Climate scientists have reached an international consensus that devastating runaway climate change is inevitable unless significant changes are made. How radical do these changes have to be? Is it possible to make these changes within the current framework of industrial capitalism? Below are edited highlights of responses from a variety of activists from radical movements – the full text of the interviews are available on the Peace News blog.
PN: In your view, can we halt runaway climate change without overthrowing capitalism?
Michael Albert (ZNet): In theory, yes – capitalism has a built-in drive to accumulate and a structural incapacity to count effects on the environment into market valuations. So left to its own, with regulation, etc, it is not just incredibly harmful and destructive of human potentials, productive of poverty, and so on, but it also so violates the economy that not only would it be impossible to stop climate catastrophe, but, if capitalism had been functioning with zero restraints in the past, we would probably be fried – so to speak – already.
However, it is possible – technically possible – to have government intervention that is very effective to limited ends. You can outlaw child labour – it will still happen, but not much.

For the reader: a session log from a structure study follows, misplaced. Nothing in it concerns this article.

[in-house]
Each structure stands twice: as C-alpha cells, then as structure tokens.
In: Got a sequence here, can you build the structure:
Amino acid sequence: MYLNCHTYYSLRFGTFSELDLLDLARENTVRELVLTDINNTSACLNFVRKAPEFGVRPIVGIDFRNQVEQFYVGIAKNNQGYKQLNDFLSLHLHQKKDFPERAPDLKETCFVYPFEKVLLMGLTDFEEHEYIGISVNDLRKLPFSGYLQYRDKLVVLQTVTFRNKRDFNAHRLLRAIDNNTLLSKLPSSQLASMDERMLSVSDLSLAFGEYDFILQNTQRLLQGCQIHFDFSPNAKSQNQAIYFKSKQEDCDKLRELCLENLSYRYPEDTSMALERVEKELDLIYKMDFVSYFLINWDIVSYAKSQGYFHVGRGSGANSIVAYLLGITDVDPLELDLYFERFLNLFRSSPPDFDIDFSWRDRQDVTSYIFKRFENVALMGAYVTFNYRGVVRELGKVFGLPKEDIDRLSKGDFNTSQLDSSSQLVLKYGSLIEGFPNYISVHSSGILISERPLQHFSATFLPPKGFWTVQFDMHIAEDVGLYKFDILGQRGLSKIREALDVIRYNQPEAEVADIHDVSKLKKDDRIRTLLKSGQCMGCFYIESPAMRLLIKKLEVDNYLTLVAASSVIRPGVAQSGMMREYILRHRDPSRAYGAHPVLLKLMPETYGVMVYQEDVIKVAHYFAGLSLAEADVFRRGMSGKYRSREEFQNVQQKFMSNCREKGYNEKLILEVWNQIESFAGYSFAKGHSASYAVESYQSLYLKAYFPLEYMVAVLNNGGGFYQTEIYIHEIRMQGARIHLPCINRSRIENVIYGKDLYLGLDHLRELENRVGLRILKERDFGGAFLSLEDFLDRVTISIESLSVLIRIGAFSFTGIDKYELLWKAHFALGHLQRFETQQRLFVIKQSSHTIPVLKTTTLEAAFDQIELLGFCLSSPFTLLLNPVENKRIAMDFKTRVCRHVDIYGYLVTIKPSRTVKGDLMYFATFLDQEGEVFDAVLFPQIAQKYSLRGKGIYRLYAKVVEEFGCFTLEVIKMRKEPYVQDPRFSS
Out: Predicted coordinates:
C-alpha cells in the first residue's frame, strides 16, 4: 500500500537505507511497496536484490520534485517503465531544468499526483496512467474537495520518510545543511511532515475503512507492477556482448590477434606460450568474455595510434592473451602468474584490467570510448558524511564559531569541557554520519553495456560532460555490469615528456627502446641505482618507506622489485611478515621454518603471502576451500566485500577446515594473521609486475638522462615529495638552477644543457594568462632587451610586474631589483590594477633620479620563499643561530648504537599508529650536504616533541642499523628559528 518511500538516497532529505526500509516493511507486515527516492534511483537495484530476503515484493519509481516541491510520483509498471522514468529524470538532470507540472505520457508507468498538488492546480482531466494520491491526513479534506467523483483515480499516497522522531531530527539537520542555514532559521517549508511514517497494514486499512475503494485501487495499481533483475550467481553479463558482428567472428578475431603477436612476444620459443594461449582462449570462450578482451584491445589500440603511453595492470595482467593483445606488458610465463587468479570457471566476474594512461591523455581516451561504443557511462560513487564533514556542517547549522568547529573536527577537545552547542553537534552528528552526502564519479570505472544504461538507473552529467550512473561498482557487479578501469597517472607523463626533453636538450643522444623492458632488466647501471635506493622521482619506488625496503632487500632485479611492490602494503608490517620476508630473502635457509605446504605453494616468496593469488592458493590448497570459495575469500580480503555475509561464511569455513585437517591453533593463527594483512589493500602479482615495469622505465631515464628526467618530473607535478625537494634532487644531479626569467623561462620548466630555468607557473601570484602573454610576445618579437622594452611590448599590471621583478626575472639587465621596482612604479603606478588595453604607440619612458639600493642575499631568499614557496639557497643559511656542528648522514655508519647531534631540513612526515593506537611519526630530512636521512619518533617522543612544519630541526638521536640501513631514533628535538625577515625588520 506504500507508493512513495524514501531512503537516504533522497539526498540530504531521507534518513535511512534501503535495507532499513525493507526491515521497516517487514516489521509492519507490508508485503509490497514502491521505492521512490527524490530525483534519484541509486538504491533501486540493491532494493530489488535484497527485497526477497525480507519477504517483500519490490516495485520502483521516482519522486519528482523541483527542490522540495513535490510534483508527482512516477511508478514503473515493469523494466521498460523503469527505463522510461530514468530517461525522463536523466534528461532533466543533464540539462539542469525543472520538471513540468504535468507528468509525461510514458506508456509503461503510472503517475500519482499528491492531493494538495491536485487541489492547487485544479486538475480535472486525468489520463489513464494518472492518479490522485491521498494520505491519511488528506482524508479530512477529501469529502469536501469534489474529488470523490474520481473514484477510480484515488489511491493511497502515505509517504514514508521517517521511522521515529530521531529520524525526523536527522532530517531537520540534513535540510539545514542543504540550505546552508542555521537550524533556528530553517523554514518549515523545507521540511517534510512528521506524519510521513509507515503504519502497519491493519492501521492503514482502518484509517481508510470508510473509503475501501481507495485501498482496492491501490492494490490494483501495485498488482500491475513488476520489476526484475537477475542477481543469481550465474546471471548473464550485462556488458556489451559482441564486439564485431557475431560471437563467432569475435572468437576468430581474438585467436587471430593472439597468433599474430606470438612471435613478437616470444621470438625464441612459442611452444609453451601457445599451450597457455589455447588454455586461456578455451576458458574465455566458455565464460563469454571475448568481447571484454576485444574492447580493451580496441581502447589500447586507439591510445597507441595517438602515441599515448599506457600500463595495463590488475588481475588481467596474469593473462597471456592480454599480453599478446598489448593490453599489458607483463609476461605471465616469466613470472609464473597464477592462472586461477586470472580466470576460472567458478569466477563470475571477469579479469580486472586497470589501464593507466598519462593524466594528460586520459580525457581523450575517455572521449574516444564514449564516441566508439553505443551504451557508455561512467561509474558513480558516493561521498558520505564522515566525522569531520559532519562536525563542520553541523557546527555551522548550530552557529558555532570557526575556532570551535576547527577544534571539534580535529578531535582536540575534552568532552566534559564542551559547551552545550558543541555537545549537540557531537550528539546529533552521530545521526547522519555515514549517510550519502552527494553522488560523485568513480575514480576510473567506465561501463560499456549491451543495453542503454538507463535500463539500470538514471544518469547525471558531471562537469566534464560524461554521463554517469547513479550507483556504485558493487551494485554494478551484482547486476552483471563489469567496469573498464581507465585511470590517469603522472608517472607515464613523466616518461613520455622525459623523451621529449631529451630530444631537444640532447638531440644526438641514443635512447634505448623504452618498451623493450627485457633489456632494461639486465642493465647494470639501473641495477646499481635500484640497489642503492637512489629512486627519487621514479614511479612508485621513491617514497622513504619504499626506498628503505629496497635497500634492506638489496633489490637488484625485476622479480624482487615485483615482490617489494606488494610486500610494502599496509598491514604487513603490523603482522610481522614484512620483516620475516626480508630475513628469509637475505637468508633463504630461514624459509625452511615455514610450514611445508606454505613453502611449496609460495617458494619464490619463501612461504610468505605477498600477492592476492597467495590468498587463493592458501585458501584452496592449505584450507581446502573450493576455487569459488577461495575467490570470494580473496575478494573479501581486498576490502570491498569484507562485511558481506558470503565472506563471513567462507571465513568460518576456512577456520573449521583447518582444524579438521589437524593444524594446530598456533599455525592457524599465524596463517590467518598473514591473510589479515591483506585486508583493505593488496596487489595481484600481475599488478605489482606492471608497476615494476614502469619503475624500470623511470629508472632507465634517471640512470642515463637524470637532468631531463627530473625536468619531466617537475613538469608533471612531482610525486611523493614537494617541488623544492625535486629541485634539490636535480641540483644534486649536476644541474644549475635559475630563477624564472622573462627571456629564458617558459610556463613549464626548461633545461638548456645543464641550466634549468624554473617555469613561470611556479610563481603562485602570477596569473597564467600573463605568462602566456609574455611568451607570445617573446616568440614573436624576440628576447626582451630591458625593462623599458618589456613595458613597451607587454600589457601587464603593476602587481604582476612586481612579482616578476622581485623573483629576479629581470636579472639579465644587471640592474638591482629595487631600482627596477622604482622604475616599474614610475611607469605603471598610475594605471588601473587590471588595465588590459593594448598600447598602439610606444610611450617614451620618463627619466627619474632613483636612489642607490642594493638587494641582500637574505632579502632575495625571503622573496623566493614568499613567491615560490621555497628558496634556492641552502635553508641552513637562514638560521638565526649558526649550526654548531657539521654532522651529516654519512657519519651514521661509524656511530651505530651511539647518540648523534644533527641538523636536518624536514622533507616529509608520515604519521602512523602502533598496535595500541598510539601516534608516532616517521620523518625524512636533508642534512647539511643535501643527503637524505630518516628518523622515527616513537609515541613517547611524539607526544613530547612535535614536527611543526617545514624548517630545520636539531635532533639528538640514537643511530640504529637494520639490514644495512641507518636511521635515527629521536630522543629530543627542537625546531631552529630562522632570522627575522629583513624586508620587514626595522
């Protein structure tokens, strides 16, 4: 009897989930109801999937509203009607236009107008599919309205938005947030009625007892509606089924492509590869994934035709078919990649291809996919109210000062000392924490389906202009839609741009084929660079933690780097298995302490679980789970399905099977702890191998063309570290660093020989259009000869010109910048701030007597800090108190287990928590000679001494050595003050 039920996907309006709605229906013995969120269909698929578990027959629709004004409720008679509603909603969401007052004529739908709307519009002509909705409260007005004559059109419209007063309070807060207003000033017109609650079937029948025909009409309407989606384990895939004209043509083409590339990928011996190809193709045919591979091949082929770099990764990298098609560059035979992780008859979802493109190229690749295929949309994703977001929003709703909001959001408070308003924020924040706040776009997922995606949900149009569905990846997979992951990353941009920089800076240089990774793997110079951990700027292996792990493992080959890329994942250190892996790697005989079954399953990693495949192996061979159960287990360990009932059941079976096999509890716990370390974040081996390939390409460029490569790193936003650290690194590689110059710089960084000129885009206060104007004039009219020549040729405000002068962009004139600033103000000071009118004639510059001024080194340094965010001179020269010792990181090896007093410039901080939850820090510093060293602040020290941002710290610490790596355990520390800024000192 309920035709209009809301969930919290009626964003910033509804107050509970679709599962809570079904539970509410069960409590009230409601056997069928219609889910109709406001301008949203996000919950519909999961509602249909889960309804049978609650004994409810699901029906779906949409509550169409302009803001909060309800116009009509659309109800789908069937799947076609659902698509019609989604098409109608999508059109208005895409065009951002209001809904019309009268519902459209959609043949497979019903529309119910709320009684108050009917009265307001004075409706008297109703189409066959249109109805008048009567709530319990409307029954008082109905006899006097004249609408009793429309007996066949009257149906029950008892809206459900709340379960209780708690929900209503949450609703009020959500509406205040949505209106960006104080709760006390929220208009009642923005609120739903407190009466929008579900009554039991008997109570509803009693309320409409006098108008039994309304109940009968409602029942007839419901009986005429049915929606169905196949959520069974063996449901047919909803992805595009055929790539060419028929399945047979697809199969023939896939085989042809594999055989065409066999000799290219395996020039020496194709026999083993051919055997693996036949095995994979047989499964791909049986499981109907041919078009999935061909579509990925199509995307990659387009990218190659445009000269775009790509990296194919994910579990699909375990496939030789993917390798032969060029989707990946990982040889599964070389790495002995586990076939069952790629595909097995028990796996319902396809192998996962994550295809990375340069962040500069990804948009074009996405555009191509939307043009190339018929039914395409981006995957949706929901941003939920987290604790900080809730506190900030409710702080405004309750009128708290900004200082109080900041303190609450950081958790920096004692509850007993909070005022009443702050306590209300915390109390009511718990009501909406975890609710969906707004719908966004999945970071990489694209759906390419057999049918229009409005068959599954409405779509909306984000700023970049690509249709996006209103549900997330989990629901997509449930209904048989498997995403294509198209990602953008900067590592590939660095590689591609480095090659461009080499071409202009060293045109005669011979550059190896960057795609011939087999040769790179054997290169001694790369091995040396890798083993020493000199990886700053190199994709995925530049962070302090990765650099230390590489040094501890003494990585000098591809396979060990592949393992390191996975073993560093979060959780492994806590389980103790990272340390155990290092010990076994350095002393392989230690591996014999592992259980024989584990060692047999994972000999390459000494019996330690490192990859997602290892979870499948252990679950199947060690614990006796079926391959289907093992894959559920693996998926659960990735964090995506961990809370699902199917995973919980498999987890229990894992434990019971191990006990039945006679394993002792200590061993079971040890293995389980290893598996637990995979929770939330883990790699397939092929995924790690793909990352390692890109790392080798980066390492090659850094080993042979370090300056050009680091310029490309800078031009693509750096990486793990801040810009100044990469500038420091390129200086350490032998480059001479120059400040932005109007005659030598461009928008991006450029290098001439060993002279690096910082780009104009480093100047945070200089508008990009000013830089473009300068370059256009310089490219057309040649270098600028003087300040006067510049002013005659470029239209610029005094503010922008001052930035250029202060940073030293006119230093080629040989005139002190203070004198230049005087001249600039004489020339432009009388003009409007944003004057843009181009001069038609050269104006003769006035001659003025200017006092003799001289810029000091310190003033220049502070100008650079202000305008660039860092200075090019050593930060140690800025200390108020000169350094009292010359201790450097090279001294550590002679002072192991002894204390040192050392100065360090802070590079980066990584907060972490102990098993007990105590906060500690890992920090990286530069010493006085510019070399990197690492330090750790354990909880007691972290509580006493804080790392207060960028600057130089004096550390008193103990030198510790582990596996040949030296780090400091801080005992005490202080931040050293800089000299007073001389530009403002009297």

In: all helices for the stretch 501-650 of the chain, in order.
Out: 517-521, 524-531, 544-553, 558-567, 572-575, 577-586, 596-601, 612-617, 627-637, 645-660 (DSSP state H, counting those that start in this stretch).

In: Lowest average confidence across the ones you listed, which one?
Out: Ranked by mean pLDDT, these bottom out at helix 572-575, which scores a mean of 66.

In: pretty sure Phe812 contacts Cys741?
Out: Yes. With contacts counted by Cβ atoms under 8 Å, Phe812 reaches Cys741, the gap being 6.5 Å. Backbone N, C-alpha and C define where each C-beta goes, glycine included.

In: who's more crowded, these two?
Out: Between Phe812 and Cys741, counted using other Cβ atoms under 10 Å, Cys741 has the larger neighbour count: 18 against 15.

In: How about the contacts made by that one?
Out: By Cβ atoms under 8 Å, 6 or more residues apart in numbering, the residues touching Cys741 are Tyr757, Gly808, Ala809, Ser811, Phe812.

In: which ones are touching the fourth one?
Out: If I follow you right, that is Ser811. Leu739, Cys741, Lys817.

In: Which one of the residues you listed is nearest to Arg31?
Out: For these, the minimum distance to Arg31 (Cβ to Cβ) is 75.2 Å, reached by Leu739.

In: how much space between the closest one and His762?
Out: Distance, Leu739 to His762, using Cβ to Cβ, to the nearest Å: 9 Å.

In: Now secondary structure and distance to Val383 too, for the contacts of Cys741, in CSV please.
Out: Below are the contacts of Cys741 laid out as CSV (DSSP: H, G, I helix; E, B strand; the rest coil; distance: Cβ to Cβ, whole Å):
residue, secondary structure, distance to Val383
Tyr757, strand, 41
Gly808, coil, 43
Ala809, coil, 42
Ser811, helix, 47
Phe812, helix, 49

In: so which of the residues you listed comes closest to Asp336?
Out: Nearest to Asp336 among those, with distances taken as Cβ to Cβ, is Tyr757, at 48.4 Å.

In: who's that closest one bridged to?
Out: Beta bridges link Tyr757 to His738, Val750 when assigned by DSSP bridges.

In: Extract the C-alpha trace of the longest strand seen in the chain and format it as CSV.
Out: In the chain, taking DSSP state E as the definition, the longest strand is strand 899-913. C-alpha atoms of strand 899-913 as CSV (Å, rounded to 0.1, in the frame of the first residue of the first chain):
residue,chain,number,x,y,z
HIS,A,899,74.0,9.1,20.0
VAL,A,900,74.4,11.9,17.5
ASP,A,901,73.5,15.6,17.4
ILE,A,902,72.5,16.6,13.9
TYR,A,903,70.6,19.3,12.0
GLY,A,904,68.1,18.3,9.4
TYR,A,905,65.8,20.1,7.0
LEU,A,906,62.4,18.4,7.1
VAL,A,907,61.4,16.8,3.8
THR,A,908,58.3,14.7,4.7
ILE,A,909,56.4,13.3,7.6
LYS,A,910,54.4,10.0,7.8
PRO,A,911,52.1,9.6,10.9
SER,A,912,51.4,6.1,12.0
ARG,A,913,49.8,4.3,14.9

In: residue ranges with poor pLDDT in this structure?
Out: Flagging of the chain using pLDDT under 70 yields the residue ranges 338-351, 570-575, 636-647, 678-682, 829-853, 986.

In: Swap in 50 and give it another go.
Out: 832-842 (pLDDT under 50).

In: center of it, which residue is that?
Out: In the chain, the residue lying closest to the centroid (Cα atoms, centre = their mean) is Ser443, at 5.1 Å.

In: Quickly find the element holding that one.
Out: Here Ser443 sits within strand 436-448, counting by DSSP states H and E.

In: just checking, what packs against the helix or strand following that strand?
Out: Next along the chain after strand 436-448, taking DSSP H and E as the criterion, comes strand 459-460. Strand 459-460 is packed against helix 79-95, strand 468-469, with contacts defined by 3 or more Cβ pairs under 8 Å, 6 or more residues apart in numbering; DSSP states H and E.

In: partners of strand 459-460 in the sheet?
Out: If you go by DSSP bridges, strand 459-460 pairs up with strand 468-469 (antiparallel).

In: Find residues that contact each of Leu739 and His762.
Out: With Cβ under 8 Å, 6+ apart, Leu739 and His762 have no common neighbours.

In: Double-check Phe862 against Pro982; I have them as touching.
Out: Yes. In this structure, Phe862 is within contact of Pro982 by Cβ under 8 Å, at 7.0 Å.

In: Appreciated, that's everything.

So yes, you could imagine – technically – a mass upsurge in desire for climate sanity that propelled governments worldwide to impose very tough restraints on market choices and action – even to the point of redressing problems.
The problem is, climate disaster arises from much more mainstream pursuits that are far harder to curtail and limit and reverse – so the movement pushing governments to behave thus has to be much stronger – even than movements for child labour laws, affirmative action, and so on.
Can it happen? Technically, yes. But my guess is that such a movement is unlikely to develop unless fed by anti-capitalist logic and beliefs – so that, in fact, even if the driving motive for many is climate issues or other ecological issues – the movement would wind up not only pressuring for restraints, but seeking a new system.
Cath Cornerstone (Radical Routes): That’s a difficult question – I don’t think so, no. Whether we can stop it at all is another question. I think we can maybe try to mitigate its effects or make it go a bit slower until we can handle it better but no, I don’t think you can stop it now.
Gabriel Carlyle: I hope so – because if we can’t then it looks like we’re well and truly stuffed.
Ewa Jasiewicz (radical journalist): It’s interesting that you talk about “overthrowing capitalism”… I think that can sometimes be a little bit inaccurate about the nature of capitalism, which is a social relationship, an economic relationship that we are all participating in and reproducing on a daily basis.
We absolutely need to stop the reproduction of capitalism because it’s the core driver of climate change because of its emphasis on a consumption-driven economy, on a fossil fuel-driven economy.
Phil Thornhill (Campaign Against Climate Change): There are serious reasons to think that we won’t be able to [stop climate change] and that we’re too late already…